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    ABSTRACT: Replication stress and DNA damage activate the ATR-CHK1 checkpoint signaling pathway that licenses repair and cell survival processes. In this study, we examined the respective roles of the ATR and CHK1 kinases in ovarian cancer cells using genetic and pharmacological inhibitors of in combination with cisplatin, topotecan, gemcitabine and the poly(ADP-ribose)-polymerase (PARP) inhibitor veliparib (ABT-888), four agents with clinical activity in ovarian cancer. RNAi-mediated depletion or inhibition of ATR sensitized ovarian cancer cells to all four agents. In contrast, while cisplatin, topotecan and gemcitabine each activated CHK1, RNAi-mediated depletion or inhibition of this kinase in cells sensitized them only to gemcitabine. Unexpectedly, we found that neither the ATR kinase inhibitor VE-821 or the CHK1 inhibitor MK-8776 blocked ATR-mediated CHK1 phosphorylation or autophosphorylation, two commonly used readouts for inhibition of the ATR-CHK1 pathway. Instead, their ability to sensitize cells correlated with enhanced CDC25A levels. Additionally, we also found that VE-821 could further sensitize BRCA1-depleted cells to cisplatin, topotecan and veliparib beyond the potent sensitization already caused by their deficiency in homologous recombination. Taken together, our results established that ATR and CHK1 inhibitors differentially sensitize ovarian cancer cells to commonly used chemotherapy agents, and that CHK1 phosphorylation status may not offer a reliable marker for inhibition of the ATR-CHK1 pathway. A key implication of our work is the clinical rationale it provides to evaluate ATR inhibitors in combination with PARP inhibitors in BRCA1/2-deficient cells.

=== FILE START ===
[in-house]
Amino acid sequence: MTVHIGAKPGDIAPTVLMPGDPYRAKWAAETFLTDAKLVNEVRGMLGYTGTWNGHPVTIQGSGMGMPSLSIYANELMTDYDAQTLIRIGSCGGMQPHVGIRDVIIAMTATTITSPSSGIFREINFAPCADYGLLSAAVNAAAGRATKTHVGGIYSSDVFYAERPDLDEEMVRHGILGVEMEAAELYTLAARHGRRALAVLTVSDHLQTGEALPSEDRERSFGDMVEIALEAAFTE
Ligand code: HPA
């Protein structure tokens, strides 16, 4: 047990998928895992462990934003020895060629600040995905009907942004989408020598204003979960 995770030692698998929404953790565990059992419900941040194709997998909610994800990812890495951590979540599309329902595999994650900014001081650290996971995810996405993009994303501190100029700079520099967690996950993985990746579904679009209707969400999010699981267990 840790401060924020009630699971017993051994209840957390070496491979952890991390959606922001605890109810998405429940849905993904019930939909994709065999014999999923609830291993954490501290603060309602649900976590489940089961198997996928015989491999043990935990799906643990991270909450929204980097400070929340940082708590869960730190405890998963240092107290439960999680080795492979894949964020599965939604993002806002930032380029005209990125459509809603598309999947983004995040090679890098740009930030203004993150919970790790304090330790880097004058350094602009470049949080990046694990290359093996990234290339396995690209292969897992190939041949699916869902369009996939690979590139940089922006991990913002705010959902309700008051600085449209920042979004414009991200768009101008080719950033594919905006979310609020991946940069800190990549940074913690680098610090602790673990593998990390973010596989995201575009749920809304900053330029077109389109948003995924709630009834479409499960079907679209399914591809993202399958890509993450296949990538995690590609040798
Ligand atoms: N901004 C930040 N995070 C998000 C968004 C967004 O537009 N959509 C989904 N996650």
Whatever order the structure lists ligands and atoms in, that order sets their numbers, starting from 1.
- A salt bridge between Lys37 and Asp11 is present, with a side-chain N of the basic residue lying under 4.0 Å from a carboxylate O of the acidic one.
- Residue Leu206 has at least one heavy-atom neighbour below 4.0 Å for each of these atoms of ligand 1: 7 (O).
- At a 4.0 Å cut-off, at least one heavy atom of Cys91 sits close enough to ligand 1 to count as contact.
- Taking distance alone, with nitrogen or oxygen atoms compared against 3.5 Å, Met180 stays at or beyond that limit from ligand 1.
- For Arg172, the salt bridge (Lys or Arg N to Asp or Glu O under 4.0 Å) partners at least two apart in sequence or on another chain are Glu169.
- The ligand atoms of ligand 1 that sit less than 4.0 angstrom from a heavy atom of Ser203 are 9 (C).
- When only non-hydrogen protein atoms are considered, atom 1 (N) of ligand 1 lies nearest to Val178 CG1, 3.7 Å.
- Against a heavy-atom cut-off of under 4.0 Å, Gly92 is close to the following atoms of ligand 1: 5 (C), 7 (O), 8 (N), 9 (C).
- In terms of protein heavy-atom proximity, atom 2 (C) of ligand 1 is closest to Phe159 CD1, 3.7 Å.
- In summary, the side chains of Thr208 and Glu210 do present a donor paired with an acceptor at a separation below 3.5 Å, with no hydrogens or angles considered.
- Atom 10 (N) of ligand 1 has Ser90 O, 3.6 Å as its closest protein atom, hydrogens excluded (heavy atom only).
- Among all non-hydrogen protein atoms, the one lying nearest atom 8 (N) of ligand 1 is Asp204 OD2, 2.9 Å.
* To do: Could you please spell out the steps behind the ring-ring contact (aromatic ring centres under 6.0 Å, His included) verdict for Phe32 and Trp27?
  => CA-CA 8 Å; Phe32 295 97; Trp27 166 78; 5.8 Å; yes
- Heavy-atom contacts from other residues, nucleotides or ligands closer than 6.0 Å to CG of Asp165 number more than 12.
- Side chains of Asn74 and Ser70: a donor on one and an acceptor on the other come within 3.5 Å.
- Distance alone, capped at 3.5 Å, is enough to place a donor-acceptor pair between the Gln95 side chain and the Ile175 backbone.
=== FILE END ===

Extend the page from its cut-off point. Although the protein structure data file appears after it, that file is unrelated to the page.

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    ABSTRACT: Many anticancer agents damage DNA and activate cell cycle checkpoints that permit time for the cells to repair their DNA and recover. These checkpoints have undergone intense investigation as potential therapeutic targets, and Chk1 inhibitors have emerged as promising novel therapeutic agents. Chk1 was initially recognized as a regulator of the G2/M checkpoint, but has since been demonstrated to have additional roles in replication fork stability, replication origin firing and homologous recombination. Inhibition of these pathways can dramatically sensitize cells to some antimetabolites. Current clinical trials with Chk1 inhibitors are primarily focusing on their combination with gemcitabine. Here, we discuss the mechanisms of, and emerging uses for Chk1 inhibitors as single agents and in combination with antimetabolites. We also discuss the pharmacodynamic issues that need to be addressed in attaining maximum efficacy in vivo. Following administration of gemcitabine to mice and humans, tumor cells accumulate in S phase for at least 24 h before recovering. In addition, stalled replication forks evolve over time to become more Chk1 dependent. We emphasize the need to assess cell cycle perturbation and Chk1 dependence of tumors in patients administered gemcitabine. These assessments will define the optimum dose and schedule for administration of these drug combinations.